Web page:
A loner since he was a child growing up in the German village of Bentwich, Heinrich Pommerencke started his life of sexual assaults early in life. He claimed to have his first sexual encounter at the age of ten, while also stating that, “When I was a boy I never had a friend in the world.”
Continuously obsessed with sex, his frustration finally got to him by the time he reached fifteen, when he started hanging outside the local dance halls propositioning young girls as they left. If they objected, and they usually did because of his blunt, crude manner, he would follow them and attack when they were in a secluded area, raping and beating them. He managed to put together a string of rapes and assaults in the town of Mecklenburg, as well as a vicious string of robberies and rapes in Hamburg, but police never had a clue who the perpetrator was, except for a single charge of attempted.
In 1953, Heinrich Pommerencke took off for Switzerland because of the rape charge pending against him, only to be imprisoned there for yet another rape charge. For the rest of the 1950’s, Pommerencke spent time in and out of prison for numerous charges, such as assault, robbery and more rape. Still a loner, he was now roaming around committing crimes as he went along, getting charged with criminal activities not only in Germany and Switzerland, but in Austria as well, where he assaulted two English women.
Back in Germany the following year, Pommerencke attacked and raped student Dagmar Klinek as she slept in an empty railway carriage. When she began to resist, he pushed her out of the moving train. Not finished yet, he then pulled the emergency stop cord, and leaped off to run back and continue the assault. Finding her battered and bruised body, he raped her, before stabbing her repeatedly in the back, finally killing her.
According to one account of his crimes, Heinrich Pommerencke was driven to murder after watching, of all things, the movie “Ten Commandments”, where he later told police, “I saw women dancing around the golden calf and I thought they were a fickle lot. I knew I would have to kill.” Although he was clearly on the road to a criminal career, it wasn’t until now that he killed his victims.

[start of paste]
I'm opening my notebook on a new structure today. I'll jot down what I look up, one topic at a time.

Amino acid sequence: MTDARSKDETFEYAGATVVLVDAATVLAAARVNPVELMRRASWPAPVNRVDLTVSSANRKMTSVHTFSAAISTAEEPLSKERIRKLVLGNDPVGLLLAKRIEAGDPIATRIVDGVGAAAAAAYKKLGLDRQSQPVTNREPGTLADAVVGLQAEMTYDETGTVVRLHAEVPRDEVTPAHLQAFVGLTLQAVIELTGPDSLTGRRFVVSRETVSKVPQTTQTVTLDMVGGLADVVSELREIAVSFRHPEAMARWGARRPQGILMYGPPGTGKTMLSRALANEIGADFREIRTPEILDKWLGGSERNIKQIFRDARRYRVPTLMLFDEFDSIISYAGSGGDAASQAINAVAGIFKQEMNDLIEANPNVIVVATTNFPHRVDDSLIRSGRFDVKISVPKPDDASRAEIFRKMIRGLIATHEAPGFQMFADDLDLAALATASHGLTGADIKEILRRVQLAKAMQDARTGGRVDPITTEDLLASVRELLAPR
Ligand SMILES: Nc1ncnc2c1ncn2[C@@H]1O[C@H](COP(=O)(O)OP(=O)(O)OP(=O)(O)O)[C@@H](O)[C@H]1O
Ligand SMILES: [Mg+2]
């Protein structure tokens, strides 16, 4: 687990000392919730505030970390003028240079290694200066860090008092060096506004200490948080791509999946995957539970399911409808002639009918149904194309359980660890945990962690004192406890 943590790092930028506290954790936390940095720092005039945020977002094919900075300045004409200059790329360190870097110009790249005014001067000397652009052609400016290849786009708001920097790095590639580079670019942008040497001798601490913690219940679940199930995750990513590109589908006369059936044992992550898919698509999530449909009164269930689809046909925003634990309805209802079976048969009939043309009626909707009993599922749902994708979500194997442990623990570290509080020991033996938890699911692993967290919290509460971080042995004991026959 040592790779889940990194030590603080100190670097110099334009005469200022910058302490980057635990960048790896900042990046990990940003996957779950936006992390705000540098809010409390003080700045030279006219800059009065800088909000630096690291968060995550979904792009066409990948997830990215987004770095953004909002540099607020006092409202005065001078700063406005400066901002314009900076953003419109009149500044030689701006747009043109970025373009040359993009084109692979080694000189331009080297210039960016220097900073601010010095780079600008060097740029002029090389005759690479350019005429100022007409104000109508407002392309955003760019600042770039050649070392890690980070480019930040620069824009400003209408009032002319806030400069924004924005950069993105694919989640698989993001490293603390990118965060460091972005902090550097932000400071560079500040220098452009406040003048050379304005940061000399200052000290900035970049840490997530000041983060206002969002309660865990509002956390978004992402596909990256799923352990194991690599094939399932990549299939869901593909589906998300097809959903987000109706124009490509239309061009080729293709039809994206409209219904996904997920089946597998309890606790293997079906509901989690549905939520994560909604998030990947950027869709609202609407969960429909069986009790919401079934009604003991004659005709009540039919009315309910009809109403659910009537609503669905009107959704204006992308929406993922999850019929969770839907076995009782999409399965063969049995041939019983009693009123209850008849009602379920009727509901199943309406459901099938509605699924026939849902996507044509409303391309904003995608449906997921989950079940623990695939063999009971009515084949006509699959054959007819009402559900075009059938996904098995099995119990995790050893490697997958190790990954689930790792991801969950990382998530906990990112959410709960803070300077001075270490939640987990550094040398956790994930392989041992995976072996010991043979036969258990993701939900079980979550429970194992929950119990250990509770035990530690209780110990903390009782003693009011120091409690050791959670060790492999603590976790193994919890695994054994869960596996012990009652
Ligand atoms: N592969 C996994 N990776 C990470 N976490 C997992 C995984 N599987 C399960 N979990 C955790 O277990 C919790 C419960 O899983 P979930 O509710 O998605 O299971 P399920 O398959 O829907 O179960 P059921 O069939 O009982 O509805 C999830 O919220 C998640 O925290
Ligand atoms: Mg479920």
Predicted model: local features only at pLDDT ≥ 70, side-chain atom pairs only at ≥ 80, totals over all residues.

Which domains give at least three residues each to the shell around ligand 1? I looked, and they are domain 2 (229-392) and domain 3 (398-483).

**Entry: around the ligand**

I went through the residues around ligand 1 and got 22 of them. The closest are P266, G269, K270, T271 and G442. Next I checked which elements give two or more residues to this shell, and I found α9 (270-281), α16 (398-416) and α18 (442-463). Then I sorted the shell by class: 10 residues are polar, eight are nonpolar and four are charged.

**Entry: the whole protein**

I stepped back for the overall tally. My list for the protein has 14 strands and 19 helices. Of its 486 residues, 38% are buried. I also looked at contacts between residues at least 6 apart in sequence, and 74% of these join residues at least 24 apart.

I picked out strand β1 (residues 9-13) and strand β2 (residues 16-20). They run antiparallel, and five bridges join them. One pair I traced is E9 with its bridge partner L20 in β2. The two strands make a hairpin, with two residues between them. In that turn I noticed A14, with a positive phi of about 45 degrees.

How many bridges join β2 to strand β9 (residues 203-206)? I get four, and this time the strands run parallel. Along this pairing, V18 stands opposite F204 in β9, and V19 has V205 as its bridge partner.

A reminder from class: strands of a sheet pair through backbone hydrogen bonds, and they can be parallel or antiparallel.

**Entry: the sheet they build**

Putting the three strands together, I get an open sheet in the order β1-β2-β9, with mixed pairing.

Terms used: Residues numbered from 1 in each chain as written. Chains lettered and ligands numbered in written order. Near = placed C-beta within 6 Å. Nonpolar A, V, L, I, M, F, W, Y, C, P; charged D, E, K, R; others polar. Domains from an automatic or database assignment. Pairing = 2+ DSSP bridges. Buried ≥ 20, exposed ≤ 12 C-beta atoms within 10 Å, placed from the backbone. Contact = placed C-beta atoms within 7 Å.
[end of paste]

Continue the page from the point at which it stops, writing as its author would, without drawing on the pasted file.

Upon leaving the theater, after seeing the movie, he purchased a razor and walked around until he spotted a young women. He followed her until they were on a secluded street, and he attacked. Luckily for the girl, a taxi drove by, and Pommerencke took off into the night. But it wasn’t long before he found another girl, this time knocking her down and dragging her to a nearby park where he raped and killed her, slitting her throat.
Over the next few months Heinrich Pommerencke killed, or attempted to kill, over a dozen women, with authorities scrambling to catch “the beast”. Then in 1960, Pommerencke was passing through the town of Hornberg, where he had previously placed an order with a local tailor for a new suit. When he returned to pick it up, he decided to wear the new cloths, leaving the old suit behind, along with a suitcase. The tailor immediately noticed that there was a sawed off shotgun if the case, and contacted the police for fear that the young drifter may return and rob him.
Police were able to link the gun to a string of robberies in the area, but they had a hunch he was more than just a common thief. When they took him into the station, they first had him confess to the robberies that were linked to the weapon, but then they tricked him into thinking that they found and matched blood from his old suit to one of the “Black Forest” murders. Thinking that he was done, Pommerencke confessed to ten rape-murders, as well as numerous robberies and other felony charges.
At his trial, Heinrich Pommerencke, now 23 years of age, was convicted of four of the murders, as well as twelve attempted murders, and twenty one rapes, and he was sentenced to a minimum of six life terms and 140 years in prison, leading one state prosecutor to say, “Human language is inadequate to describe the horror and misery that Heinrich Pommerencke had brought to so many people.”